that was a very, that was really a well done deal. So my partner at iCrossing, the founder, Jeff Herzog, a great guy, he was looking to grow the business. And he had always wanted to be international in scope. So he said, let’s see if we can find something that’ll take us outside the US. So I found this company called Spanner works down in Brighton in the UK. And the first thing I did was I wanted to get the CEOs together. So that could see if they even liked each other. And come to find out that they were undergoing a process. So they have lots of suitors. But, but they were willing to spend some time and get to know us because we know, they thought it might be a good deal. So I ended up having this, the two founders met for lunch in Paris of all places, and then went over and they spent like, three hours and four hours together, just talking about a lifetime of kids talking about big homes over buildings and all this kind of stuff. And they came back beginning to like each other. And I kept encouraging that relationship and kept encouraging them to talk. And we ended up being selected for that deal. And it must have had at least a good dozen people competing for it. And I think it was all because we did the work upfront to get these two guys to spend time and find out that they could get their values aligned. And that turned out to be one of our better deals for iCrossing for quite some time.

John Corcoran 9:41
Yeah. Now you say that preparation going into the deal is incredibly important. And you know, understanding these values you mentioned as an example getting CEOs to sit down together and just talk it through there anything else that should be done as preparation and anything else See recommend,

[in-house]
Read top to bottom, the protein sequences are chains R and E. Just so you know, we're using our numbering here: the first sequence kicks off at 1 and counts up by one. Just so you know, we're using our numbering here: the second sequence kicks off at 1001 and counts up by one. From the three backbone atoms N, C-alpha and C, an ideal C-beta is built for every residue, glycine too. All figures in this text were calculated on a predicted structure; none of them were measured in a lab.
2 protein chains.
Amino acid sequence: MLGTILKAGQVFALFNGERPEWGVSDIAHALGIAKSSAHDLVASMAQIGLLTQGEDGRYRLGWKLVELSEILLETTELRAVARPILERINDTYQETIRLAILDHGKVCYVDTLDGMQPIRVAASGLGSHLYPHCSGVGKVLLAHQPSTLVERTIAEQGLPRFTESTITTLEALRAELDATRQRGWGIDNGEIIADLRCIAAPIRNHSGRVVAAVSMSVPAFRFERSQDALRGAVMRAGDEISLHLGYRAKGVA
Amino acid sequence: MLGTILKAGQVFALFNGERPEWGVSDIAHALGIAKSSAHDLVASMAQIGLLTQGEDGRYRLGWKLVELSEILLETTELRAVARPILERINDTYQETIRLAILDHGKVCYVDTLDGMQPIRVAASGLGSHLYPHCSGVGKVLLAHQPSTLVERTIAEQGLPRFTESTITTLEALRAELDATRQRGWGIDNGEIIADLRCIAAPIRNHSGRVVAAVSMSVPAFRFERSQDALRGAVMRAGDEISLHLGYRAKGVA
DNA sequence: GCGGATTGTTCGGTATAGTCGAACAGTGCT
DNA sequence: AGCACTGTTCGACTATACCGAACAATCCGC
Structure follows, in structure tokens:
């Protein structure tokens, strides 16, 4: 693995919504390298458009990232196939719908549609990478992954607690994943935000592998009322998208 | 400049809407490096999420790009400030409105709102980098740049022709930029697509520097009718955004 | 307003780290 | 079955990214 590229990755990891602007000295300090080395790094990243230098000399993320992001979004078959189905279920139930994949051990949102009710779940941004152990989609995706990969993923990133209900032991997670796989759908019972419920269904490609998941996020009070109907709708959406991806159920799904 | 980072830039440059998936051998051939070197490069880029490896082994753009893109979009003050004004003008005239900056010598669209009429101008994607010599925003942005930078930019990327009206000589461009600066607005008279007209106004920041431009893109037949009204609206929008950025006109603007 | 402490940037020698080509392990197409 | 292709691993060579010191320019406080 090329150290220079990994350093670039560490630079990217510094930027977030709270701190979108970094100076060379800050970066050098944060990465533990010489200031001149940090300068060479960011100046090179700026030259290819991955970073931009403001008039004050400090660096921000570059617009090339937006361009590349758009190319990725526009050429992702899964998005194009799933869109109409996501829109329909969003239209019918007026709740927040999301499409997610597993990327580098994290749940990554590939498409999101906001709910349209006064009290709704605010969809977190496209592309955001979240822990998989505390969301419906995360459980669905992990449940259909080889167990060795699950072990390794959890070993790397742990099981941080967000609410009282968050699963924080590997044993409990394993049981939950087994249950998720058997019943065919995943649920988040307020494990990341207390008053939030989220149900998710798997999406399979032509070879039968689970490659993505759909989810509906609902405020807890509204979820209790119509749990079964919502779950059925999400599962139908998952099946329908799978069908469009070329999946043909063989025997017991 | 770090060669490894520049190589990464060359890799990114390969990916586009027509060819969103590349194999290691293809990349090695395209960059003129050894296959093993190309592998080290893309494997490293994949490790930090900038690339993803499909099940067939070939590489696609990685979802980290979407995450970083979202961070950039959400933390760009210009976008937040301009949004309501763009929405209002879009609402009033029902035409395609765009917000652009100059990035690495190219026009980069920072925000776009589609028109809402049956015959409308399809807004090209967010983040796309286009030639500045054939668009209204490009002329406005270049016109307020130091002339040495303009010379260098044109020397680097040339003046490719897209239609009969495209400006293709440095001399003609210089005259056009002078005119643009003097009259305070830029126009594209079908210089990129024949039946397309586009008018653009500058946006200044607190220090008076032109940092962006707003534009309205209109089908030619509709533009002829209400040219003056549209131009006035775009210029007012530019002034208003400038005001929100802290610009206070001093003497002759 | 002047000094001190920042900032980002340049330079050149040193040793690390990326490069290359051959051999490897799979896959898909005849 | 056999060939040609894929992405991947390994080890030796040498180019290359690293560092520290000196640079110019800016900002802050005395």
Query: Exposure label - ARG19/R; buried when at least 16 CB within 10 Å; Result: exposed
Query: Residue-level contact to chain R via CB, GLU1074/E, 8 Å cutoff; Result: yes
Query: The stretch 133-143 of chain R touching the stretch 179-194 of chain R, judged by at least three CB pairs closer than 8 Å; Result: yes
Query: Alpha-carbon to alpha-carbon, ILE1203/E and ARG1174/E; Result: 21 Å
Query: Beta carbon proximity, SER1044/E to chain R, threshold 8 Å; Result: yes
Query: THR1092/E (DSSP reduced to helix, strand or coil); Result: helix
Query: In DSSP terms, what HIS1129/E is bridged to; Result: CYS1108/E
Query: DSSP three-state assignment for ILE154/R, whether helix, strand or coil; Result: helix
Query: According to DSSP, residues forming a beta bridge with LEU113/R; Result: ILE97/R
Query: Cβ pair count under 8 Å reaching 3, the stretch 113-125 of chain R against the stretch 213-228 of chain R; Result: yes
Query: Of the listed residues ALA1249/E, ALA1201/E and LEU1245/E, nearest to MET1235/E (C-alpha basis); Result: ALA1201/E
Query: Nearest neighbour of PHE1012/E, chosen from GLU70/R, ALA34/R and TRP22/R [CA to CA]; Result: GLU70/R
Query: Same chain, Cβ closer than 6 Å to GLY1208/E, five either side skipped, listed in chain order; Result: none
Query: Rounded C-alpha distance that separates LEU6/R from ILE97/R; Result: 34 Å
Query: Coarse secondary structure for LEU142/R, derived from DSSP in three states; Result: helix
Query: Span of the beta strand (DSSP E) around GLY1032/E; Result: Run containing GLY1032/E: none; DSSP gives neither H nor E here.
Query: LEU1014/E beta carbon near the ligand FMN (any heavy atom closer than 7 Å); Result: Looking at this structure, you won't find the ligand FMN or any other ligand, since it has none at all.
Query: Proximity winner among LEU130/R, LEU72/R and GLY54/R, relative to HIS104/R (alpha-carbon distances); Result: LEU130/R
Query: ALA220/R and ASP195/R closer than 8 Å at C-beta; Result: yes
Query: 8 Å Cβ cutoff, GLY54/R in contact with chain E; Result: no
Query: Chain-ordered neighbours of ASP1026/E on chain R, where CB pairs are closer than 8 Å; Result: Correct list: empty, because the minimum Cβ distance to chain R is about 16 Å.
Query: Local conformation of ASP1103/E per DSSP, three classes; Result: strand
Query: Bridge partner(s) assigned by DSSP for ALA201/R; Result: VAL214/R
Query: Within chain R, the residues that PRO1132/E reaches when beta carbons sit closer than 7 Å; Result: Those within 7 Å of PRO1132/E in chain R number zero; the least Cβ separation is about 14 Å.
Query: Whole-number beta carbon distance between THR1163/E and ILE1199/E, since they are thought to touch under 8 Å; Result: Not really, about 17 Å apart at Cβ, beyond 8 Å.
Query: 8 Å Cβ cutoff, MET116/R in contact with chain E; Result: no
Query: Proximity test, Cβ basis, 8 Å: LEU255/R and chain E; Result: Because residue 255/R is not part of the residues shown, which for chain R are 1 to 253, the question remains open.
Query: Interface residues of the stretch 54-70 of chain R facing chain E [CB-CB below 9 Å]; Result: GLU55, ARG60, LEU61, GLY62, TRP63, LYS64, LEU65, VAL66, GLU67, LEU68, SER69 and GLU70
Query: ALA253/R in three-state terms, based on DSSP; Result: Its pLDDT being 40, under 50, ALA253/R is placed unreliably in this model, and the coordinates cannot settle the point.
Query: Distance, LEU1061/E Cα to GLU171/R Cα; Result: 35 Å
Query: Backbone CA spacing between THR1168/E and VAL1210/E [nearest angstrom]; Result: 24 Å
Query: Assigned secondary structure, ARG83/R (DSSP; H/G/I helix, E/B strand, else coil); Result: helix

Don Scales 10:01
you can go look at I mean, spend some spend some time on what, what the company’s saying about itself. And back when we did Spanner works, it was a lot less. I mean, there’s so much communication and information about companies that are out there today. But go look at the websites, go look at what they’re saying about themselves in social media, go look at what people say about the company. And what you’ll find you’ll glean a lot of information around what the company stands for, what they’re aspiring to be. And then it’s a function of understanding what your company is doing. And hopefully you have a good handle on that. And that, then you can get a sense of whether or not there’s going to be some alignment when these two come together, because the cultures are going to have to merge in order to make this work.

John Corcoran 10:51
Yeah. Let me ask you from an acquirer standpoint, how do you find the right company to acquire, especially if you want to make sure that there’s value alignment, and that’s not something that necessarily is going to be put in a prospectus?

Don Scales 11:06
Right. So like, what we do today at Investis Digital, we have a fairly robust M&A roadmap. And so what we do is we’re always canvassing companies and trying to find companies that might have technologies that we’d like to integrate in. If we find something we like, then we actually either do it ourselves, or we might have a representative of virus call in to see if we could just start by having a get acquainted session, maybe getting a demo of products, find out more about each other and start at that level. And, and don’t rush it. If you walk in the first time you say you want to get bought out if we do this? Yeah, that’s where you can make mistakes. If you go find out what, what, what these guys do for a living the technology they have, tell me about the CEO? What’s your background? Where’d you come from? What do you like, what don’t you like, it could take months. But then at that point in time later on down the line, I feel like, then you can ask them, Well, where do you want to? What do you want to do? What’s your vision for the company, then you can start talking about alignment. And ultimately, you can get to a point where you can say, well, maybe we should put these things together. But if you did, if you move too quickly, you could be asked.